Wednesday, September 26, 2007
Wii is more powerful than Xbox: Gamecube equal to Xbox
This interview with Julian Eggebrecht from Factor 5 from 2001 is further proof about the Wii being greater in power than the original Xbox. Basically what Julian is saying here is that the Gamecube could do everything the Xbox could do, developers only needed to program differently. What does this mean for the Wii then? It means again that raw numbers don't tell the story. I don't mean to keep beating this power issue to death, but people still don't understand. Realizing that Gamecube was on par with Xbox is something that needs to be understood since many have said that the Xbox is more powerful than the Wii. Not true.
Planet GameCube: Is Rogue Leader using sub-pixel anti-aliasing?
Julian Eggebrecht: Yes, it’s using the GameCube’s 3-point sub-pixel anti-aliasing and of course the excellent deflicker hardware for the interlaced output.
Planet GameCube: How does Rogue Leader utilize the GameCube's internal clock? Would you like to use this feature in future games?
Julian Eggebrecht: We always try to use as many hardware features in our games as possible, so we early on discussed how we could use the clock. It is quite fun to be surprised by it.
Planet GameCube: Are you happy with GameCube's memory bandwidth? Have you ever had to back-track and maybe trim some effects or textures down due to lack of bandwidth?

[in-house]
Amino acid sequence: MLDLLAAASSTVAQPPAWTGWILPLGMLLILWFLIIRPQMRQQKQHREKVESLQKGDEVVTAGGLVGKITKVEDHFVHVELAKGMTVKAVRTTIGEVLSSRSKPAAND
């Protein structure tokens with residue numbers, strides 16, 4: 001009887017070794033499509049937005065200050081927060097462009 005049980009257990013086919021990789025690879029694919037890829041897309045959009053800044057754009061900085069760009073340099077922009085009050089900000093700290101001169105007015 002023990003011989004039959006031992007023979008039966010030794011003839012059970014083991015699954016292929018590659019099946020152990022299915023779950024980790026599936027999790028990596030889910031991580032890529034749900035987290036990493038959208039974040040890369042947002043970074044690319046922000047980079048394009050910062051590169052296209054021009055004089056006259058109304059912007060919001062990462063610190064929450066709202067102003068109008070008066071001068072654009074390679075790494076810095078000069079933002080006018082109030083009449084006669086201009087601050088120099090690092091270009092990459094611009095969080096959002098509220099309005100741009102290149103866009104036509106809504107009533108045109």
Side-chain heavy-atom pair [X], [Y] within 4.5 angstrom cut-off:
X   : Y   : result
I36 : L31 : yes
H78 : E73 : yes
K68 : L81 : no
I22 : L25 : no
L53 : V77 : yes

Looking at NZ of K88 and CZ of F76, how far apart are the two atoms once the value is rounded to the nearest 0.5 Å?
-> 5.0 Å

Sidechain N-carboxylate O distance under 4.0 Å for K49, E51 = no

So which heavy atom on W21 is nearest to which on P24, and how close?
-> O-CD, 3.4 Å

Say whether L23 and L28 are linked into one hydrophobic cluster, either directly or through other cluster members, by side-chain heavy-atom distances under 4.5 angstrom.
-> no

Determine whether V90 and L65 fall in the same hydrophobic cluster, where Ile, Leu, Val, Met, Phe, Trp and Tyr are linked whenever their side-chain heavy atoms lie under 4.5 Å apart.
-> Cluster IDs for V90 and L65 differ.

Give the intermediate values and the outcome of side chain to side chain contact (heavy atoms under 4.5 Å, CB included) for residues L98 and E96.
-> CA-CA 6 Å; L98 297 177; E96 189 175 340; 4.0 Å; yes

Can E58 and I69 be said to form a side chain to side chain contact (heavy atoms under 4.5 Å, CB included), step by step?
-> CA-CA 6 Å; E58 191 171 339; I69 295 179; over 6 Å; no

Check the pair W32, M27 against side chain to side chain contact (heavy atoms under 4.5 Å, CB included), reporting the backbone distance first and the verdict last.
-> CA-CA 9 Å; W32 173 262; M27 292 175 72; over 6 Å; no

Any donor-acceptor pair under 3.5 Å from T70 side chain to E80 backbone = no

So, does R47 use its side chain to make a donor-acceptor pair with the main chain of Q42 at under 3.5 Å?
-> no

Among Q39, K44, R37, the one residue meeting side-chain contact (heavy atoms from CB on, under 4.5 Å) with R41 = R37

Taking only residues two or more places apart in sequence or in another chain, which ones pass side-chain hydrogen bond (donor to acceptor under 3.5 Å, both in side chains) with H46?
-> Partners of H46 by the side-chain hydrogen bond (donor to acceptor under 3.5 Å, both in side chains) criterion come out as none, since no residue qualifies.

Julian Eggebrecht: There never were any problems with bandwidth. It really is the single-most impressive feature about the hardware and makes very reliable predictions about performance possible.
Planet GameCube: How flexible and useful is Gekko in assisting Flipper with custom lighting and geometry? Are you using this feature? Does it compare to the vertex and pixel shaders on the Xbox's graphics chip?
Julian Eggebrecht: Maybe without going into too much detail, we don’t think there is anything visually you could do on X-Box (or PS2) which can’t be done on GameCube. I have read theories on the net about Flipper not being able to do cube-mapped environment maps, fur shading, self-shadowing etc... That’s all plain wrong. Rogue does extensive self-shadowing and both cube-maps and fur shading are not anymore complicated to implement on GameCube than on X-Box. You might be doing it differently, but the results are the same. When I said that X-Box and GameCube are on par power-wise I really meant it.
Planet GameCube: In a recent IGNinsider article, Greg Buchner revealed that Flipper can do some unique things because of the ways that the different texture layers can interact. Can you elaborate on this feature? Have you used it? Do you know if the effects it allows are reproducible on other architectures (at decent framerates)?
Julian Eggebrecht: He was probably referring to the TEV pipeline. Imagine it like an elaborate switchboard that makes the wildest combinations of textures and materials possible. The TEV pipeline combines up to 8 textures in up to 16 stages in one go. Each stage can apply a multitude of functions to the texture - obvious examples of what you do with the TEV stages would be bump-mapping or cel-shading. The TEV pipeline is completely under programmer control, so the more time you spend on writing elaborate shaders for it, the more effects you can achieve. We just used the obvious effects in Rogue Leader with the targeting computer and the volumetric fog variations being the most unusual usage of TEV. In a second generation game we’ll obviously focus on more complicated applications.